How do we balance partisanship with nonpartisan opportunities?
Politics is not partisanship
So you care about your community and want to take action in making it a better place? Many people will direct you towards charities, volunteer opportunities with NGOs, or ways to start up your own foundation. You may have already done it all, but one constant keeps coming up: government. Law, regulation, and advocacy all meet in the corridors of power. Seems like a simple solution – to make change you can get involved in politics to have influence. You enter into the realm of politics, join a political party and start being called “partisan”.
Let’s be honest, to be considered partisan is a quick way to close doors for your future, but we need people to be involved in politics, to be active within our institutions, especially low-income, minority and female members of our community. So, how do we balance partisanship with nonpartisan opportunities?
First, we need to understand what partisanship is: by definition it has two parts 1) joining a political party; and 2) strongly support their party’s policies and are reluctant to compromise with their political opponents. You can avoid being considered partisan by not fulfilling number one, but is that really a solution considering how our democracy is set up based on civic participation? I don’t think that avoidance is the right path forward.
What we can control is what makes partisanship so polarizing:
a) party policies vs independent thought;
b) uncompromising vs engaging; and
c) opportunism vs integrity.
Approaching how you interact with politics will allow you to enter into party politics without being seen as a partisan “hack”.
The first thing that you will notice about getting involved in politics is that it is all about face to face interaction at events, on the campaign trail, and at the door step. This takes politics from being cerebral – on facebook, over coffee with, or rebuking TV pundits in the privacy of your own home – into the physical. The bubble disappears and ownership of your actions starts. Like all face to face interaction the pressure to conform will creep in. In any competitive environment there will be peer and senior political party members who interact with the political party with complete devotion, interacting with the institution as the savior and all other political parties as the instigator of every evil imaginable.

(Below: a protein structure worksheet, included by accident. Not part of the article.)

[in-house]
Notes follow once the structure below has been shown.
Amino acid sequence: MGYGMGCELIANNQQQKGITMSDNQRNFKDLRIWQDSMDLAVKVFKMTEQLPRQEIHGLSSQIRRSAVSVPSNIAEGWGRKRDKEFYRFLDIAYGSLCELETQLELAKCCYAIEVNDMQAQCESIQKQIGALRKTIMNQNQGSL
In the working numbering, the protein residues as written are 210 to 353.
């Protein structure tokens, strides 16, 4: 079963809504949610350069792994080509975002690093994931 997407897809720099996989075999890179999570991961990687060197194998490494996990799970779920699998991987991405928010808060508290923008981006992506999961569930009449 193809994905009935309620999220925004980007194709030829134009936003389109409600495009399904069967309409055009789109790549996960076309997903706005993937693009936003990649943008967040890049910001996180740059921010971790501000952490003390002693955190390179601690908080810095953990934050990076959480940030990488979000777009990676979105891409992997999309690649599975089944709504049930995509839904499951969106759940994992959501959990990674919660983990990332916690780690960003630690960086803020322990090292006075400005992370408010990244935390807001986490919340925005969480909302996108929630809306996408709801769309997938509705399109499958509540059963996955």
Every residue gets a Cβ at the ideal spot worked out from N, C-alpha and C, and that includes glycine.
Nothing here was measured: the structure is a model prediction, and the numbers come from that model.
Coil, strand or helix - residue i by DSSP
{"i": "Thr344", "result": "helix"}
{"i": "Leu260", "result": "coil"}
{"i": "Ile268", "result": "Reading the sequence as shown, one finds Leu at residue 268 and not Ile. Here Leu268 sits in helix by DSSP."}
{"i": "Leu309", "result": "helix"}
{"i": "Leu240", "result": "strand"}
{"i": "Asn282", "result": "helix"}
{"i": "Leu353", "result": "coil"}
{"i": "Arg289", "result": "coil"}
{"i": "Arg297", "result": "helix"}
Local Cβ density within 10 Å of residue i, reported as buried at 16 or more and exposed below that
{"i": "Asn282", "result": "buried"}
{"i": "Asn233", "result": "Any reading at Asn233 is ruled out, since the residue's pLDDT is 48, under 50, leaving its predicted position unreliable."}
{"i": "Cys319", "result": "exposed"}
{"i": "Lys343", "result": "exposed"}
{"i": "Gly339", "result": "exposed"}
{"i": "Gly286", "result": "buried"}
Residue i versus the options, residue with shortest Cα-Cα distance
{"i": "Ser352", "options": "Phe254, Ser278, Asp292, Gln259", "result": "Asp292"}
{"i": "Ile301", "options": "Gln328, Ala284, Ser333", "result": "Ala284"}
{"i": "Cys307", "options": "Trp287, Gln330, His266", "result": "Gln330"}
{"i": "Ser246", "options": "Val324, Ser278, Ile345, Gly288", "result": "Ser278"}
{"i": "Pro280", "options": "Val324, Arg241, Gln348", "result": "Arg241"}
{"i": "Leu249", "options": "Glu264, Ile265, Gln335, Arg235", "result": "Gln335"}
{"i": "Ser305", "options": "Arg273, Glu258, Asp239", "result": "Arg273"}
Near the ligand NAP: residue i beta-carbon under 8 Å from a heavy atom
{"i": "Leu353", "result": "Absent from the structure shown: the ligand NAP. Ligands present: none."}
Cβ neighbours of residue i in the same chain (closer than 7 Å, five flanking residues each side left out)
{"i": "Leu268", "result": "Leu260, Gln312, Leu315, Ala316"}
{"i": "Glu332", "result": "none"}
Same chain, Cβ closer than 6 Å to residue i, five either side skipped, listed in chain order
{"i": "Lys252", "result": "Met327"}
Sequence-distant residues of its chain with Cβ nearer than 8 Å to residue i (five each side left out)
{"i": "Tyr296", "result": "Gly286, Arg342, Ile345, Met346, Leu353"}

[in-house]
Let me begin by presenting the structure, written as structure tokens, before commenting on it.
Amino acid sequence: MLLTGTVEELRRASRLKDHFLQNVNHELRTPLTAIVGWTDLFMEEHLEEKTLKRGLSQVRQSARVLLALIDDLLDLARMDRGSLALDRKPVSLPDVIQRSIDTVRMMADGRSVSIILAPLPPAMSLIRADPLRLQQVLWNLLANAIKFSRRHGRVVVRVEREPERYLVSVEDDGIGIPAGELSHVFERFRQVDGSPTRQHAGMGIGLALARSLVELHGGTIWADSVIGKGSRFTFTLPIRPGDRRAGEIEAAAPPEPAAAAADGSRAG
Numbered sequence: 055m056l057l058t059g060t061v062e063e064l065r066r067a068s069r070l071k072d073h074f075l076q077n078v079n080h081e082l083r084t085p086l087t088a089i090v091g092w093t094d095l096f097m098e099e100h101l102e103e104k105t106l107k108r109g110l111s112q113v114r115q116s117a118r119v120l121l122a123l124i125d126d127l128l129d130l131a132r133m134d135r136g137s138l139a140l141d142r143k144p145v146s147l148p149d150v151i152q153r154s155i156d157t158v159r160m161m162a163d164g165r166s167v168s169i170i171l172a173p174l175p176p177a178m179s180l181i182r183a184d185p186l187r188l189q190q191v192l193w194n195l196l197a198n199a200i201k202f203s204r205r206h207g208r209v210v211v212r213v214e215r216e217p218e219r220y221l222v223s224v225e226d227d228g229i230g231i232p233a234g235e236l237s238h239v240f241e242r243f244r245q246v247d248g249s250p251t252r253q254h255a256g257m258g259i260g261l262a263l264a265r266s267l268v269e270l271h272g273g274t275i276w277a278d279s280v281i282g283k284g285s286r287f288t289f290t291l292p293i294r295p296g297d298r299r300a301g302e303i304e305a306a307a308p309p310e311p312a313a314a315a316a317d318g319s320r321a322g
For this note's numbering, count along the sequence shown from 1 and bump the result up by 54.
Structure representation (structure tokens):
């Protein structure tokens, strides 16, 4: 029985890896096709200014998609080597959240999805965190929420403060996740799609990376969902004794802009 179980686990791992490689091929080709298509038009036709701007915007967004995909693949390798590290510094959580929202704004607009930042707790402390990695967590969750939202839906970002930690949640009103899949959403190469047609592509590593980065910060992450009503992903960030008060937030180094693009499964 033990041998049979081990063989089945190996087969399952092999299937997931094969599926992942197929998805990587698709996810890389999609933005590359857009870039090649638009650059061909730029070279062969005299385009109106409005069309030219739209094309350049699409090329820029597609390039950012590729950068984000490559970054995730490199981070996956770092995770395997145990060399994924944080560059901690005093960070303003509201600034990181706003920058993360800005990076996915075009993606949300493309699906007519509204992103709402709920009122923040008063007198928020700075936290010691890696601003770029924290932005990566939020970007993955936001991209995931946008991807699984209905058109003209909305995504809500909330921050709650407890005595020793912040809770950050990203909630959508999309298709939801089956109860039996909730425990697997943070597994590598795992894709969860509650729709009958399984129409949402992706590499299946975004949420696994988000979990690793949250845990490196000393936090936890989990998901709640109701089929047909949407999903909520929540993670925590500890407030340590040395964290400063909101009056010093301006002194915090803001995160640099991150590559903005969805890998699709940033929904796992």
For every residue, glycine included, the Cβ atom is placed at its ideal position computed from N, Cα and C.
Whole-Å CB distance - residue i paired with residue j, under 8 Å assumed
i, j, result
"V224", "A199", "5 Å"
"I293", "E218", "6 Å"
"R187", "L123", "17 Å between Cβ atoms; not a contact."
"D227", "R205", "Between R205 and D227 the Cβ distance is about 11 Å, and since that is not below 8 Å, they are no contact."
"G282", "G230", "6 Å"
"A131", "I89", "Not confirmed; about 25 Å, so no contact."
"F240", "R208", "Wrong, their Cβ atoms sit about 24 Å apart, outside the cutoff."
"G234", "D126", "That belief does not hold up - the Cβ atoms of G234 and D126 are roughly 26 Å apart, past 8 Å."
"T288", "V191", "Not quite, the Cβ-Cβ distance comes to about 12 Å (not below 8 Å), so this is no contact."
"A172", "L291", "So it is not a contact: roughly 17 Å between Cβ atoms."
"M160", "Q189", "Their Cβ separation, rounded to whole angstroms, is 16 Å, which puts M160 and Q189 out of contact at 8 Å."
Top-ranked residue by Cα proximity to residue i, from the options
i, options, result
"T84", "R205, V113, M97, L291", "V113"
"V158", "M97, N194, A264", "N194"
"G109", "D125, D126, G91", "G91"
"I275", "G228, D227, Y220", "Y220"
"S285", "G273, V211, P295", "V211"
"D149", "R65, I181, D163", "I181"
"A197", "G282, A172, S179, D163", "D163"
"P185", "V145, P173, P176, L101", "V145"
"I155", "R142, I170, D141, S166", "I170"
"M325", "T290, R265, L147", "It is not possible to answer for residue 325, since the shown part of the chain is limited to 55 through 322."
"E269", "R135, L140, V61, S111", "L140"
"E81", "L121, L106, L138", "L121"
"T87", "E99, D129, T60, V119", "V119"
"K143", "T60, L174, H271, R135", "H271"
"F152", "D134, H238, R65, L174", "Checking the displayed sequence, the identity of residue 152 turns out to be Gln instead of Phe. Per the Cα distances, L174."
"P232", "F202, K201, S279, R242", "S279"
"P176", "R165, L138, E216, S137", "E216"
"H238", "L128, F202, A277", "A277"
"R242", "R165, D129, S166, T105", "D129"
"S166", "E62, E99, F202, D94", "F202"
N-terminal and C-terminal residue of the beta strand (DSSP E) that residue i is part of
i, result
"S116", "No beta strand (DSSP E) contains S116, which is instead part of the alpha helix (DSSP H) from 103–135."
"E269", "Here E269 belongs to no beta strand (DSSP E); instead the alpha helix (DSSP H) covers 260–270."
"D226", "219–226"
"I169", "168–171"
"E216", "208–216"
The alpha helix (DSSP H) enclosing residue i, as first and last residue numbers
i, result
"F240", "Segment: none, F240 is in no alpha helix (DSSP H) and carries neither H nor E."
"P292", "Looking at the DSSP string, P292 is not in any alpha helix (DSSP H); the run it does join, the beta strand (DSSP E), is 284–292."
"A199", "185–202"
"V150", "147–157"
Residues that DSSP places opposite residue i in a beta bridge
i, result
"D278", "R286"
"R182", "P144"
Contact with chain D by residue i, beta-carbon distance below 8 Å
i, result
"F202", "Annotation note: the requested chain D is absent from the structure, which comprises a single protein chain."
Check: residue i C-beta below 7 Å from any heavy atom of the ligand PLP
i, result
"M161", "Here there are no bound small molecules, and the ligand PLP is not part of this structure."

If you start to view your involvement in a us vs them framework you will be lost in the partisan pitfall that will limit your nonpartisan opportunities. Some in a party, particularly volunteer coordinators, will want you to become a surrogate for them, and if you are paid then there is a certain expectation to stay on message. However, that’s a type of professionalism that you find in all jobs. This expectation does not mean that you need to compromise your own independent thought at the bar, on your private facebook, or in your family. If you’re a volunteer with no official position then the party has no contract with you to control your independent thought, and you are not in a place of professionalism to lose your own agency. At this point nuance is your friend, and you don’t need to be the talking piece for party positions.
A great tip for transitioning from caring cerebrally about issues to attending political events is to take ownership of how you present yourself and to reflect what you are, or are not, willing to participate in. When you attend events you will be networking with many people, and someone will try to have you commit to action immediately. It’s the job of campaign staff to engage and find commitment from potential volunteers – entire weekends are dedicated to party loyalists to train them on the art of finding and securing volunteers. There’s nothing nefarious in such an interaction, and it makes sense from a party operations perspective to be constantly seeking out new people. However, you can be swept along by an engaging and eager political staffer if you say yes to the first, or multiple, volunteer opportunities.